Happy almost-spring! We're bringing you ten books by women from BUST's book review section in our February/March 2017 issue, including The Wangs Vs. The World by Jade Chang, A Separation by Katie Kitamura, and Un/Masked: Memoirs Of A Guerrilla Girl On Tour by Donna Kaz. And stay tuned for a special section on the best new graphic novels by women, coming up soon!


The Wangs vs. the World: A Novel
By Jade Chang
(Houghton Mifflin Harcourt)

Charles Wang’s fortune is gone. All the makeup magnate has left is his family and a powder-blue Mercedes station wagon, which he’s packed full of everything the repo man hasn’t already taken. The Wangs are driving from Bel-Air to New York in hopes of starting over after the financial crisis. But they aren’t victims of a bad subprime loan; Charles’ ego is how they ended up here. That’s something author Jade Chang makes clear throughout her hilarious debut novel, which looks at an Asian-American family dealing with losing everything. Or, more accurately, who think they’ve lost everything.

Without their fortune, Charles, his second wife Barbara, and each of his three children—eldest daughter, Saina; middle son, Andrew; and his youngest girl, Grace—start taking stock of who they are when they can’t afford it all. As Chang explains, “money made everything easy to indulge in.” It also made it even easier to overlook or completely ignore everything outside the Wang’s orbit. This riches-to-rags story examines the importance of empathy using humor, but with each laugh, readers may find themselves checking their own privilege. (5/5) –Shannon Carlin



A Book of American 
Martyrs: A Novel
By Joyce Carol Oates

Joyce Carol Oates’ latest novel opens with a murder, or as the man who carries out the act describes it, an “execution.” Luther Dunphy believes he’s carried out the Lord’s will by killing Augustus Voorhees in the abortion clinic where he works. Over the course of over 700 pages and multiple decades, Oates explores the aftermath of the violent act, dedicating chapters to both the violence and persecution the doctor faced when he was alive, and the fallout his family and children must deal with after his death.

Oates jumps between stylistic choices, keeping up the pace of this weighty (literally and figuratively) novel. Breaking down the work into over 60 chapters with subheadings also helps make the narrative more digestible. It’s hard to encounter any art today without thinking about the world it will be released into. A Book of American Martyrs is gripping not only because of the subjects it tackles–abortion, religion, grief—but also because of the way it gets inside the heads of characters with fundamentally different points of view, revealing all of their stories as parts of a whole. (4/5) –Molly Horan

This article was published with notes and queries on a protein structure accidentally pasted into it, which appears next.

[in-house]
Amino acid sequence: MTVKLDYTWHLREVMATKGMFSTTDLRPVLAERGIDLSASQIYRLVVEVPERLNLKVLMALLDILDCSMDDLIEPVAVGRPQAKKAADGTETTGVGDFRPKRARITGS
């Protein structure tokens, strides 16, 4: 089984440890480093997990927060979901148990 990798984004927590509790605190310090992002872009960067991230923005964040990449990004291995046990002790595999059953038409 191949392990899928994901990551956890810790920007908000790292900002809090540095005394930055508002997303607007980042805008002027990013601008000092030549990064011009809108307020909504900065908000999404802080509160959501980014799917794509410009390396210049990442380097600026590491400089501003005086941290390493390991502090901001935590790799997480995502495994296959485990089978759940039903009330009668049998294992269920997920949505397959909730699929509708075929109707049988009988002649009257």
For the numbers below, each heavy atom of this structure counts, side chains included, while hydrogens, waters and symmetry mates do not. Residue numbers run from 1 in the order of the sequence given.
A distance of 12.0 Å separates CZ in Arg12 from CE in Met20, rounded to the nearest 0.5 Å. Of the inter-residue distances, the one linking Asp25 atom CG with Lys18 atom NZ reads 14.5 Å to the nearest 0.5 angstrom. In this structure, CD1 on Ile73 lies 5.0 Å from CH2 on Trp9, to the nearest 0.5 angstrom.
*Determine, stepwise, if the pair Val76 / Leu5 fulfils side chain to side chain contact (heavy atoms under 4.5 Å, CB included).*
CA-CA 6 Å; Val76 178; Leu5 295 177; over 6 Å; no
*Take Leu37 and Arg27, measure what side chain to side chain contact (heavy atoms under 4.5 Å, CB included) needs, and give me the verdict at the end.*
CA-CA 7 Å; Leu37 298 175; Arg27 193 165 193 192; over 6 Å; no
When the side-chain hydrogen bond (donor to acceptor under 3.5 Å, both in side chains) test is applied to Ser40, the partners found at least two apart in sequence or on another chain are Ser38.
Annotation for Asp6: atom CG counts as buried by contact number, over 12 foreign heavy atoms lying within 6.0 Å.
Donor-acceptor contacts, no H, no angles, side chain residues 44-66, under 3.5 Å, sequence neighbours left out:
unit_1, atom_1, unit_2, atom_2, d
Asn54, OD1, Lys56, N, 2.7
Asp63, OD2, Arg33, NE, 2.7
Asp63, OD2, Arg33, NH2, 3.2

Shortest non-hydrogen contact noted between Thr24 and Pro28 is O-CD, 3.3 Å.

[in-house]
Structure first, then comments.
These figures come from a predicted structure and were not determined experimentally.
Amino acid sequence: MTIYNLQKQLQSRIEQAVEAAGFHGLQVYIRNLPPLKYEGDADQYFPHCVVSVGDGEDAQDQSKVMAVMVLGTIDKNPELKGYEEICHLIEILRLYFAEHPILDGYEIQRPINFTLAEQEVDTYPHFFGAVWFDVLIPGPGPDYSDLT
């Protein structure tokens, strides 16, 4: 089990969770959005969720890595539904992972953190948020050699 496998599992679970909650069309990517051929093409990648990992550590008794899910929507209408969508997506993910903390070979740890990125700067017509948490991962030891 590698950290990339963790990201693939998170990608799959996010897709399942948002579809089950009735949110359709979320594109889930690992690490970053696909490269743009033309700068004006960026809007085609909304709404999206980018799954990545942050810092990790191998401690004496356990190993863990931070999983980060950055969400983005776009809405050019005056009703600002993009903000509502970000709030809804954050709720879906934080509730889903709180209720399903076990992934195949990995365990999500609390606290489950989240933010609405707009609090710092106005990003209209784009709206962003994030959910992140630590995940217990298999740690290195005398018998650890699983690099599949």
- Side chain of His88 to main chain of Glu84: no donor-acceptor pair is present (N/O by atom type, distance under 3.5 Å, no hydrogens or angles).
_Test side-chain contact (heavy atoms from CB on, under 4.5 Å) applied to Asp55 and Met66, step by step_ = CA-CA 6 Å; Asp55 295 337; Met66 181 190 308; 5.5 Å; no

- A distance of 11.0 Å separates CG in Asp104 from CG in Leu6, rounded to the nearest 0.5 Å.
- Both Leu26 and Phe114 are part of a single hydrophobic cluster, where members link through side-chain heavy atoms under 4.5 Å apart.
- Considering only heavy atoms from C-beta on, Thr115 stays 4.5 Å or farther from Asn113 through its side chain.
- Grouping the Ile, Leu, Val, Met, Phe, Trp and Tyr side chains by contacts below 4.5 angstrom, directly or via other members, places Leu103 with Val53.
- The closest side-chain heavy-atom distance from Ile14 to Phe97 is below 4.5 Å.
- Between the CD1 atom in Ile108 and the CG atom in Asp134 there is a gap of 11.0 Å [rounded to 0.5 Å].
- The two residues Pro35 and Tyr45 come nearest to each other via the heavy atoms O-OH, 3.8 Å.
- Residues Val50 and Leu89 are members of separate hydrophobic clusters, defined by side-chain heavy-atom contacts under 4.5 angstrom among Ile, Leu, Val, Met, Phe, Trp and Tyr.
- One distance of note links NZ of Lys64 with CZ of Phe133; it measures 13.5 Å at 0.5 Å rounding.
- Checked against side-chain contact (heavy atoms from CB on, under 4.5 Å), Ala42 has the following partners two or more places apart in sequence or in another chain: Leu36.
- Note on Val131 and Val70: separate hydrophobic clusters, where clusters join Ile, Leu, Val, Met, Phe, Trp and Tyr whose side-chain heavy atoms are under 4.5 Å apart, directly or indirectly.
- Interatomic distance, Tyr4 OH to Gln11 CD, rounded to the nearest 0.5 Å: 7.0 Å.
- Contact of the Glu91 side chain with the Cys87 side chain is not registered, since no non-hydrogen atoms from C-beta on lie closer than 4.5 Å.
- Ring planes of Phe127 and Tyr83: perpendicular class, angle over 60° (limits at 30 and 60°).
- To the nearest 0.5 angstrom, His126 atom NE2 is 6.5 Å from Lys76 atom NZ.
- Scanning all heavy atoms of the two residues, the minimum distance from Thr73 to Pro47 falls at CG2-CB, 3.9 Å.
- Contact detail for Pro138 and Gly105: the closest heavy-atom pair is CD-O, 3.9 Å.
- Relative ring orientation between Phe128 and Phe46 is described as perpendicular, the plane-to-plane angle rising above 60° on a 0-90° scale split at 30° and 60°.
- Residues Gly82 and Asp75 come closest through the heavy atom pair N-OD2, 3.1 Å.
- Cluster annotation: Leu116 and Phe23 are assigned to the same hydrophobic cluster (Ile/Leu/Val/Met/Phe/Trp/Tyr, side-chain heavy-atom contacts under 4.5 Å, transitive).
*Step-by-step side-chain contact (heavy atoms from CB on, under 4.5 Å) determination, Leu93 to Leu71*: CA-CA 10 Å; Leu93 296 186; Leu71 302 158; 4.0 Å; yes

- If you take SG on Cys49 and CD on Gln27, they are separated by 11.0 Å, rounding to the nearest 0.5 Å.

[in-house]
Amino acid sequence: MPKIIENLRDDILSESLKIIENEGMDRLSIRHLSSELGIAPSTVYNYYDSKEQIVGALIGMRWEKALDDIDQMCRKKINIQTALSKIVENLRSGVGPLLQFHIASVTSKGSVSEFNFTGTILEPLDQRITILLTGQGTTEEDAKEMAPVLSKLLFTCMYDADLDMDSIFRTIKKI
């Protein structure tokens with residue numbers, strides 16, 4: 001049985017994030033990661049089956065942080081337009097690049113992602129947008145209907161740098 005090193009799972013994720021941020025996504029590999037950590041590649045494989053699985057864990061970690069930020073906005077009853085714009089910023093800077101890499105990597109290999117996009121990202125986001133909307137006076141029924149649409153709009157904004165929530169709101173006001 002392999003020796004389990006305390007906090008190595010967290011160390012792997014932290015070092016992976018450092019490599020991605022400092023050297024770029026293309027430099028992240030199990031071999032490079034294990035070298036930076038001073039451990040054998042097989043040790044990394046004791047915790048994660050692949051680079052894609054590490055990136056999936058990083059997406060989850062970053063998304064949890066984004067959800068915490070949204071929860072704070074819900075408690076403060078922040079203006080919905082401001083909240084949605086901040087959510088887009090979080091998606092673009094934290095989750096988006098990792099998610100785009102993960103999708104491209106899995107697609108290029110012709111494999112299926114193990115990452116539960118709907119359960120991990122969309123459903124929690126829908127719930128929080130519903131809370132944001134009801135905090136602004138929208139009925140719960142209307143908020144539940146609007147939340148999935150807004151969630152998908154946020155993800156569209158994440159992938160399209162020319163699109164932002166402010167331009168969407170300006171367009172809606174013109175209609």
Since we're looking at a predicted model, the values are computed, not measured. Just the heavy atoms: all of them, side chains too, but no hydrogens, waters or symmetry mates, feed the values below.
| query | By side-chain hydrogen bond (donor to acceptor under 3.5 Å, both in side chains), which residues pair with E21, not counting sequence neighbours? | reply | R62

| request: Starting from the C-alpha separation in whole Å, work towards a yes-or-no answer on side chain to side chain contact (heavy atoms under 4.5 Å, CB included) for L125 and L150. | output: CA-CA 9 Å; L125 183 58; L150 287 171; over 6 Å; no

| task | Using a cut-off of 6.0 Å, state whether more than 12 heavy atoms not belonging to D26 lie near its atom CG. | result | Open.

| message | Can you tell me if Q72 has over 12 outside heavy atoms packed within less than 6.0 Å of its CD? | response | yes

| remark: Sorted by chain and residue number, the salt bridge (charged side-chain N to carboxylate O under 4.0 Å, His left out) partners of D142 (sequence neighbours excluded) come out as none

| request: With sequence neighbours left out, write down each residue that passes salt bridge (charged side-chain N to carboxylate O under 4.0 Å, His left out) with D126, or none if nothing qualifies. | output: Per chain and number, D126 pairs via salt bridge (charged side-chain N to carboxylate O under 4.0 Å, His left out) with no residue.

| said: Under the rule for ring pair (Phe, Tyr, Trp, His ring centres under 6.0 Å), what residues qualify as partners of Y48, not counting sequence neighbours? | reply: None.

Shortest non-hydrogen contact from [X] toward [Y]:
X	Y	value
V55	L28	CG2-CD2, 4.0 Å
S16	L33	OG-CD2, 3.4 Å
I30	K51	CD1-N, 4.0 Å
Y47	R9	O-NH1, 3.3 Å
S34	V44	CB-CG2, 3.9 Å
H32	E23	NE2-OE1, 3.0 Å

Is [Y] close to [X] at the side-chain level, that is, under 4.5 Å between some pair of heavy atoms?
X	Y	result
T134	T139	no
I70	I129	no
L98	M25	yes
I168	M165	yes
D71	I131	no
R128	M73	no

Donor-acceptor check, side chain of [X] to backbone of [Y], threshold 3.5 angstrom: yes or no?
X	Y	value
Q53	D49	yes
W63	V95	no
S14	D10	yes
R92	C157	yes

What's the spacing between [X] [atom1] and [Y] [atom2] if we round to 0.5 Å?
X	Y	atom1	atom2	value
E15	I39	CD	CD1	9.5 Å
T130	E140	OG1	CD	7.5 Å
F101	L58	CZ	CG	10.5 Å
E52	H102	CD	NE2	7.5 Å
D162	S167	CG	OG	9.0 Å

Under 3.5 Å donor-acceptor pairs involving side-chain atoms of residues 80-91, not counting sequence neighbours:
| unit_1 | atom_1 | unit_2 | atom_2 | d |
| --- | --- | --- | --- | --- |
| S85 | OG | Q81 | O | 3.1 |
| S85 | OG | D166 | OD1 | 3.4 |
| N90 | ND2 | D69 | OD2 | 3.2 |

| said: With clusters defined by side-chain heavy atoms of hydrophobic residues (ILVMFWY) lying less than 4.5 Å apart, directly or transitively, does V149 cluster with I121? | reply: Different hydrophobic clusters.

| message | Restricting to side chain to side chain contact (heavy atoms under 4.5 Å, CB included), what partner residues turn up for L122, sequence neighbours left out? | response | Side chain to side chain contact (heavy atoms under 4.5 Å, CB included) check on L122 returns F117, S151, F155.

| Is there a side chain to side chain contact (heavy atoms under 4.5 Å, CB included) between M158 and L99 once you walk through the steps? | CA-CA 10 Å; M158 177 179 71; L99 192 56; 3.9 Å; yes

Future Sex
By Emily Witt
(Farrar, Straus and Giroux)

After ending a serious relationship at age 30, writer Emily Witt began exploring all things sex-related, from dating apps to orgasmic meditation. And in Future Sex, Witt combines detailed research with in-depth interviews and her own personal experiences. For example, the chapter on polyamory begins with the story of a young polyamorous couple Witt interviewed, delves into the history of polyamory, and ends with Witt’s own experiences at a sex party.

Witt accomplishes the remarkable feat of being completely honest about her own experiences without judging others. Just as valuable is the wide range of people Witt interviews, including porn stars and cam girls. She tackles familiar subjects with new insights (the world is not lacking Tinder thinkpieces, but Witt’s examination of Tinder’s marketing is fascinating). There are quite a few topics—like revenge porn—that go unexplored, and the focus is very hetero-centric. Altogether, though, it’s refreshing to read a book that explores sex today with nuance, and without any handwringing about how the youths are ruining society with their smartphones and their sexy selfies. (4/5) –Erika W. Smith

Orphans of the Carnival: A Novel
By Carol Birch

In the 19th Century, Julia Pastrana—an indigenous Mexican woman born with a genetic condition that caused her face and body to be covered with straight black hair—was dragged across the globe to be gawked at as a human curiosity. Author Carol Birch, in her newest novel, beautifully imagines Pastrana’s life, vividly depicting the changing world that celebrated her as a singer and performer while using her as evidence of white racial superiority in an era of colonization.

Birch’s research shines through as she faithfully re-creates the painful realities of freak shows of the Victorian era, prompting readers to wonder if they themselves would have paid to stare at someone like Pastrana. Despite some pacing issues, Orphans of the Carnival’s humanity shines through. The book successfully explores not only how people treat one another, but also the ways in which our differences can strip away our ability to see one another as fellow humans. “Everyone loved her,” Birch writes, “because she made them so glad they were themselves and not her.” (3/5) –Princess Weekes



Get Well Soon: History’s Worst Plagues and the Heroes Who Fought Them
By Jennifer Wright
(Henry Holt and Co.)

In her follow-up to last year’s It Ended Badly, historian Jennifer Wright traces the world’s most terrifying plagues and explores how humanity confronts widespread disease. The book includes stories both well known (the bubonic plague and Spanish Flu) and more obscure (the Dancing Plague and Encephalitis Lethargica). Each chapter looks at a different disease, its genesis, its symptoms, and how it was combated. So if falling down a horrifying Wikipedia hole of terrible maladies is your idea of fun, this book is for you.

Wright doesn’t simply state gross-out facts or hold up solitary individuals as heroes. Instead, she highlights the issues that impacted our understanding of and response to medical nightmares. Leadership, religiosity, power structures, and science collide in ways that create widely differing results. She also illuminates the fallout from widespread, catastrophic loss of life, from the way these diseases impact us today to how they can bring about the end of an empire. Written with Wright’s signature humorous tone, this is a grim but engaging look at some of humanity’s most feared foes. (4/5) –Bridey Heing